OK, enough already. I don’t want to hear any more whining from Democrats about how hard it’s going to be for President Obama to win re-election in 2012. Because the political landscape has just shifted dramatically.
Of course, it’s not going to be any walk in the park for Obama and Democrats. It never is, for either party. But, even with John Boehner caving in on payroll tax cuts, the political equation has experienced nothing less than a historic, seismic shift. And Democrats now enjoy a huge advantage. Think about it.
Ever since Ronald Reagan, Republicans marketed themselves as the party of tax cuts. In fact, 274 Republicans in Congress signed a pledge never, never, never to vote to raise taxes on anybody. But, once asked to cut taxes for the middle class, Republicans were willing to throw that pledge right out the window.
By initially refusing to allow members of the House to vote on the Senate plan to extend payroll taxes for two months – a plan co-sponsored by Republican Senate Leader Mitch McConnell and approved by 89 members of the Senate, including 39 Republicans – Boehner effectively announced to 160 million American wage-earners: We changed our minds. Forget all that stuff we said about never raising taxes. Forget our pledge to Grover Norquist. Effective Jan. 1, Republicans were ready and willing to raise taxes on every American who draws a paycheck.
For working-class families, especially, that would have been bad news. It would have meant $40 less, every paycheck: money to put food on the table, gas in the tank, or clothes on the backs of kids. One thousand dollars less in disposable income for 2012. Paying a minimum $1,000 more in taxes. And for the American economy, billions of dollars less in consumer spending, demand for products, sales tax revenue, and walk-in traffic for small businesses.
Politically, as Karl Rove declared, that was suicidal for Republicans. Because, for the first time in decades, it was the Republican Party raising taxes and the Democratic Party, under Barack Obama, trying to cut them. And this wasn’t the first time. In 2009, as part of the stimulus, Obama gave 95 percent of Americans a tax cut. In 2011, he gave every American wage-earner a one-year, two percent cut in their payroll tax. And for 2012 Obama wanted to extend and expand that payroll tax cut – but was blocked from doing so by John Boehner and House Republicans – until they caved in.
Boehner’s rejection of the bipartisan Senate proposal not only put him at odds with Democrats, it angered fellow Republicans, starting with Senate Republican leader Mitch McConnell. Echoing comments by McConnell and other Republican senators, John McCain said failure of House Republicans to extend payroll tax cuts for at least two months would not only hurt 160 million Americans, it “hurts the Republican Party.”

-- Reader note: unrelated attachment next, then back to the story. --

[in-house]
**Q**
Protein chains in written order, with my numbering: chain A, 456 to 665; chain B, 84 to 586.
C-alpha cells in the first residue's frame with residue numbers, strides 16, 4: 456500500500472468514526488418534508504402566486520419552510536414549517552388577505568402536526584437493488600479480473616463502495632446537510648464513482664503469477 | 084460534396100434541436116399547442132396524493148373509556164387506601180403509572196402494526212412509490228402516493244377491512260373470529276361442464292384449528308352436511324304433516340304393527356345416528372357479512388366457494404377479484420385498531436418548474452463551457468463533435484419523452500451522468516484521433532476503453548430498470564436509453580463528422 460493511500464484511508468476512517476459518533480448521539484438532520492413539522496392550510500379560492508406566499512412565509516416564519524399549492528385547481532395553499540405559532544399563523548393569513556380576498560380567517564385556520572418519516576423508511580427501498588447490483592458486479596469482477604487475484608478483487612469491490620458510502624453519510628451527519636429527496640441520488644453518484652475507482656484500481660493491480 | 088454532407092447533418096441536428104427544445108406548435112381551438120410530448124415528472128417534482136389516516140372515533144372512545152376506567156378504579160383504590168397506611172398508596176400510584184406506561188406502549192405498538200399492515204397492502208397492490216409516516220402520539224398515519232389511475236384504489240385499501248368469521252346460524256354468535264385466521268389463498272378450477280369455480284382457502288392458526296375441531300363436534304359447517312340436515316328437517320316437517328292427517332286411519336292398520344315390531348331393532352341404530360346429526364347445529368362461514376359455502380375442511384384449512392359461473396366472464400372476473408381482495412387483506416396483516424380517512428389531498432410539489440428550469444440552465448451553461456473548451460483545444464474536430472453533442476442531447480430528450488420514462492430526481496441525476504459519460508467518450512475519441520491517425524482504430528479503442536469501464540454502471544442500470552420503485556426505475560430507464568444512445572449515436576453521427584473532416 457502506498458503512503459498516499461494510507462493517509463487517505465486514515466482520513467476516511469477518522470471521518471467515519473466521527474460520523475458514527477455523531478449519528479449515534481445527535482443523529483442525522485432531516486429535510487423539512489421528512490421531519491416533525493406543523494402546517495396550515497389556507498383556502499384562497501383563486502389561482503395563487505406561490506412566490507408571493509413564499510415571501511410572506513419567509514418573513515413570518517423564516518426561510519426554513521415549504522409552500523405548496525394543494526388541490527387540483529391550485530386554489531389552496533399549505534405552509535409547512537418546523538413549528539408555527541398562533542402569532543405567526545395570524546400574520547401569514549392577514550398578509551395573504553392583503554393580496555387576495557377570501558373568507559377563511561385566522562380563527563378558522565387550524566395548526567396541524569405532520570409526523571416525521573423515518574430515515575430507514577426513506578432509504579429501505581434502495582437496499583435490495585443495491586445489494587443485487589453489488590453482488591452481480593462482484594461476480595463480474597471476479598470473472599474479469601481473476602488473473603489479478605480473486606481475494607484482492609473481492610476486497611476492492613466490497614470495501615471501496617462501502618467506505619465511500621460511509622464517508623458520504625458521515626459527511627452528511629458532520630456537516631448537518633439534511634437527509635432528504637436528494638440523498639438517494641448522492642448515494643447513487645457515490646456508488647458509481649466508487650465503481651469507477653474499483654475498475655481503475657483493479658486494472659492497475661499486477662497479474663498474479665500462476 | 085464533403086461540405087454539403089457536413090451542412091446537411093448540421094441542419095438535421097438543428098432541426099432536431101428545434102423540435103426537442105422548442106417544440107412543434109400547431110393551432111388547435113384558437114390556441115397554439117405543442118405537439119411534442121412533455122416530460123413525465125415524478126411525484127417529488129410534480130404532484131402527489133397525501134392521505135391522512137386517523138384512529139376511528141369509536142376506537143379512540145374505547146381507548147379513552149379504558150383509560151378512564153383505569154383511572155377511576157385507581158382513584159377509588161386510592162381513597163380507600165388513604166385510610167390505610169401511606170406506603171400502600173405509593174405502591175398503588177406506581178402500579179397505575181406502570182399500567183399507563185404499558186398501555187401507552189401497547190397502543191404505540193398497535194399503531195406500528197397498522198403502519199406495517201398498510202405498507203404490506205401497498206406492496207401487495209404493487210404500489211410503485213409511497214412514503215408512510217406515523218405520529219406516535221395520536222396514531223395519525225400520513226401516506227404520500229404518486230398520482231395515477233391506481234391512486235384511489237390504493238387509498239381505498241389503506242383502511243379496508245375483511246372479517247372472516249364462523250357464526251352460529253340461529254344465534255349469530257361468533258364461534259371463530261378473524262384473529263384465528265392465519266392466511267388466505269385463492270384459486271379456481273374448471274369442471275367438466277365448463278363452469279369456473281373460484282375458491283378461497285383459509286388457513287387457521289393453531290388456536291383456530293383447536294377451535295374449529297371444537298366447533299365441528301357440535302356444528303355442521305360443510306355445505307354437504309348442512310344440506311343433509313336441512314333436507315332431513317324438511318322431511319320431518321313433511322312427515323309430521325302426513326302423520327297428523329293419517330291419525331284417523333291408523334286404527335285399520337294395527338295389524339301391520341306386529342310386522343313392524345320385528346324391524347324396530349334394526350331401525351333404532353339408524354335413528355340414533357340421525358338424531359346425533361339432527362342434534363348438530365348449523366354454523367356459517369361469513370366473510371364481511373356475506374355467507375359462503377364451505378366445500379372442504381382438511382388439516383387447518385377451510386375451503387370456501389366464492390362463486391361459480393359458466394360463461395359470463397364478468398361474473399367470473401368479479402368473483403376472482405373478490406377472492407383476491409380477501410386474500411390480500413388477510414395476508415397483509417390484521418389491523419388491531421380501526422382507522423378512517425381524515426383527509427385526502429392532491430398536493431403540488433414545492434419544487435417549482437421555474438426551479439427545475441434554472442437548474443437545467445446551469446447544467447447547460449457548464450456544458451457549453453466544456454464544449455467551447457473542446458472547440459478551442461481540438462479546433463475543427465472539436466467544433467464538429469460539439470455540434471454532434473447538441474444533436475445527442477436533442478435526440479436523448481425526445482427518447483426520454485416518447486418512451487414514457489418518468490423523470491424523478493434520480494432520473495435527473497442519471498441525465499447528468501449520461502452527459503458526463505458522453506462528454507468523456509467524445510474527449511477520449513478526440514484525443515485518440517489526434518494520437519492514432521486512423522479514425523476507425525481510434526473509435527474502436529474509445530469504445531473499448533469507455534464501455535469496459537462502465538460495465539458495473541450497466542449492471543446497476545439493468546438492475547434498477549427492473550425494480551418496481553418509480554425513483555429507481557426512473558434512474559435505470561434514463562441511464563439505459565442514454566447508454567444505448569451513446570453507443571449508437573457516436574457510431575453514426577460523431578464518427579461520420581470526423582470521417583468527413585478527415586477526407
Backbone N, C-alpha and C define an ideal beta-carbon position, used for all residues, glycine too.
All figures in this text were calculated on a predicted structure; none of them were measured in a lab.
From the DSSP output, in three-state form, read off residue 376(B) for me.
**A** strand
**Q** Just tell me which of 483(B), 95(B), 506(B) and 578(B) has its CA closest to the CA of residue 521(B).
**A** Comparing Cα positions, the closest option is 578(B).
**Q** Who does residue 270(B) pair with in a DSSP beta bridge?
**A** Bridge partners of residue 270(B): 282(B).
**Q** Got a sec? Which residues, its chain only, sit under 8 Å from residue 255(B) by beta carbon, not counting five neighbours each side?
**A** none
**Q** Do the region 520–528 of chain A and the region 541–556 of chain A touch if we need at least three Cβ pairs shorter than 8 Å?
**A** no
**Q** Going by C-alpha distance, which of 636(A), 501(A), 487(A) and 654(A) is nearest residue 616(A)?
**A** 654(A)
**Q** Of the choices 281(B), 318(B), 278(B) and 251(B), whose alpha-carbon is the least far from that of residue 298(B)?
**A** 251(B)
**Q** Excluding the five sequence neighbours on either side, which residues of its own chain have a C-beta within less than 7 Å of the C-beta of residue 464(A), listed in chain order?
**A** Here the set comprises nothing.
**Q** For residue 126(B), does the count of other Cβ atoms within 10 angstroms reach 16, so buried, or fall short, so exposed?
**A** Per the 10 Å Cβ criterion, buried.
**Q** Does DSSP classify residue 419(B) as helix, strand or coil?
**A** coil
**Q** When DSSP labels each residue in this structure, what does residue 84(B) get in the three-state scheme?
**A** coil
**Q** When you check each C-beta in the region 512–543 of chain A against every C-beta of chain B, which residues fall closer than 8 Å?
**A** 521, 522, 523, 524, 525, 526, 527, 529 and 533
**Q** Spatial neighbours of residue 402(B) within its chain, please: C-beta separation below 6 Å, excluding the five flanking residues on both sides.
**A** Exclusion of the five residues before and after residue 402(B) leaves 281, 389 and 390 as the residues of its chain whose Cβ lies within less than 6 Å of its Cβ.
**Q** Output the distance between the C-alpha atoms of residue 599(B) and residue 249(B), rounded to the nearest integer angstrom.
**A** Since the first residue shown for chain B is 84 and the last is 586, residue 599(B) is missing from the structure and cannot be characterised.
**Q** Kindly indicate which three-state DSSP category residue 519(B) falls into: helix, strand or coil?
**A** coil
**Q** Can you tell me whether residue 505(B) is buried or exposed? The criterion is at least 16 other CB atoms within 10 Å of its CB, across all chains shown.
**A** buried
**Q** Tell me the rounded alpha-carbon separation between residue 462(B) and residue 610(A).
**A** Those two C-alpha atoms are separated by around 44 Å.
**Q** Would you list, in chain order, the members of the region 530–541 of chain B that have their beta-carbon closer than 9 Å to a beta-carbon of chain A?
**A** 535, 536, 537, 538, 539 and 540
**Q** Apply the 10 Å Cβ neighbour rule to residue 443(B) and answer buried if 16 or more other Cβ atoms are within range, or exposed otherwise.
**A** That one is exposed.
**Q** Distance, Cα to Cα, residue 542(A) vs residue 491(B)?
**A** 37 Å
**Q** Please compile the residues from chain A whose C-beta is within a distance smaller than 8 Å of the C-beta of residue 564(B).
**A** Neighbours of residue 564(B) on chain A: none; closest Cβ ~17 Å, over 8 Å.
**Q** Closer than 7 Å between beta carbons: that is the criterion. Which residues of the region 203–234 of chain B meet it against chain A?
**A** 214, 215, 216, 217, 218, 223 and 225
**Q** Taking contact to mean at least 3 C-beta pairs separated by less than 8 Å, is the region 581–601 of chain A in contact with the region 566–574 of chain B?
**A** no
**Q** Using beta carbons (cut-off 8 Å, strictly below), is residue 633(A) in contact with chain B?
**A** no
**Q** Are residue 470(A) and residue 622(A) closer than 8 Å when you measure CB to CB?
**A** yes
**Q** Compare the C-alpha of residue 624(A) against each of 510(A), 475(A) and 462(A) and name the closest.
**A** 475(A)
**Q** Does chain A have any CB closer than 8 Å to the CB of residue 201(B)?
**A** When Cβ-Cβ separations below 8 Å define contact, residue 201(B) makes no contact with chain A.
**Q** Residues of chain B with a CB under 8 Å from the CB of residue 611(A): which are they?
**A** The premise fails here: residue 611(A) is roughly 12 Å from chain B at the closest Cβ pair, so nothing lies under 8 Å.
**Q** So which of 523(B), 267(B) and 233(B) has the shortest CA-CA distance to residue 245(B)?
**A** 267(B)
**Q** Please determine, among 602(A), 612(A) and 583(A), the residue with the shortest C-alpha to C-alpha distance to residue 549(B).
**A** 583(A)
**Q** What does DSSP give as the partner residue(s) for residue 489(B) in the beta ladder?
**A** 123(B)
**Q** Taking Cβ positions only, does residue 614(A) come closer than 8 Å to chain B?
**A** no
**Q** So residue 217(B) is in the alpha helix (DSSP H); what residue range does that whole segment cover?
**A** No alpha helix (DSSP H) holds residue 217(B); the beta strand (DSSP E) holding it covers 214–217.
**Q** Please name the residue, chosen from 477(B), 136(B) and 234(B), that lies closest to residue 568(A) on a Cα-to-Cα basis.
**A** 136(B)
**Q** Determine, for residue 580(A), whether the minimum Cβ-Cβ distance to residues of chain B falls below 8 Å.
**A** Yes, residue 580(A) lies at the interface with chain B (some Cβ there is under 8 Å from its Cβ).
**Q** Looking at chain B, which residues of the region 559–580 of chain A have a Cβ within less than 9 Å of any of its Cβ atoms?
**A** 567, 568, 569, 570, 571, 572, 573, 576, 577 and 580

The reason Republican Senators were so upset was because they realized that, overnight, thanks to John Boehner, the Republican Party had surrendered its No. 1 issue. Suddenly, Democrats, not Republicans, were seen as the party of tax cuts. For Boehner to allow that to happen, as Rupert Murdoch’s Wall Street Journal complained, was monumentally stupid. Everybody knows Republicans in the House are determined to be against anything President Obama is for, but in this case, argues the Journal, “Republicans have thoroughly botched the politics.”
And not only on this issue. Ever since Sept. 11, the Republican Party has also sold itself as tough on terrorism. But no longer. It was Barack Obama who gave the orders to track down and kill Osama bin Laden, after George W. Bush abandoned the hunt. It was Barack Obama who led an international coalition against Moammar Gadhafi. And it was Barack Obama who, very quietly, dispatched U.S. drones to kill Anwar al-Awlaki and scores of other al-Qaida leaders. So now Democrats are also the party of national security, the party that keeps America safe.
Bottom line: Under the inept leadership of Mitch McConnell in the Senate and John Boehner in the House, Republicans have ceded the ground to Democrats on two key issues: tax cuts and national security. Meanwhile, the economy continues to improve.
That clearly puts 2012 in a whole new light. As The Wall Street Journal lamented: “We wonder if they might end up re-electing the president before the 2012 campaign even begins in earnest.”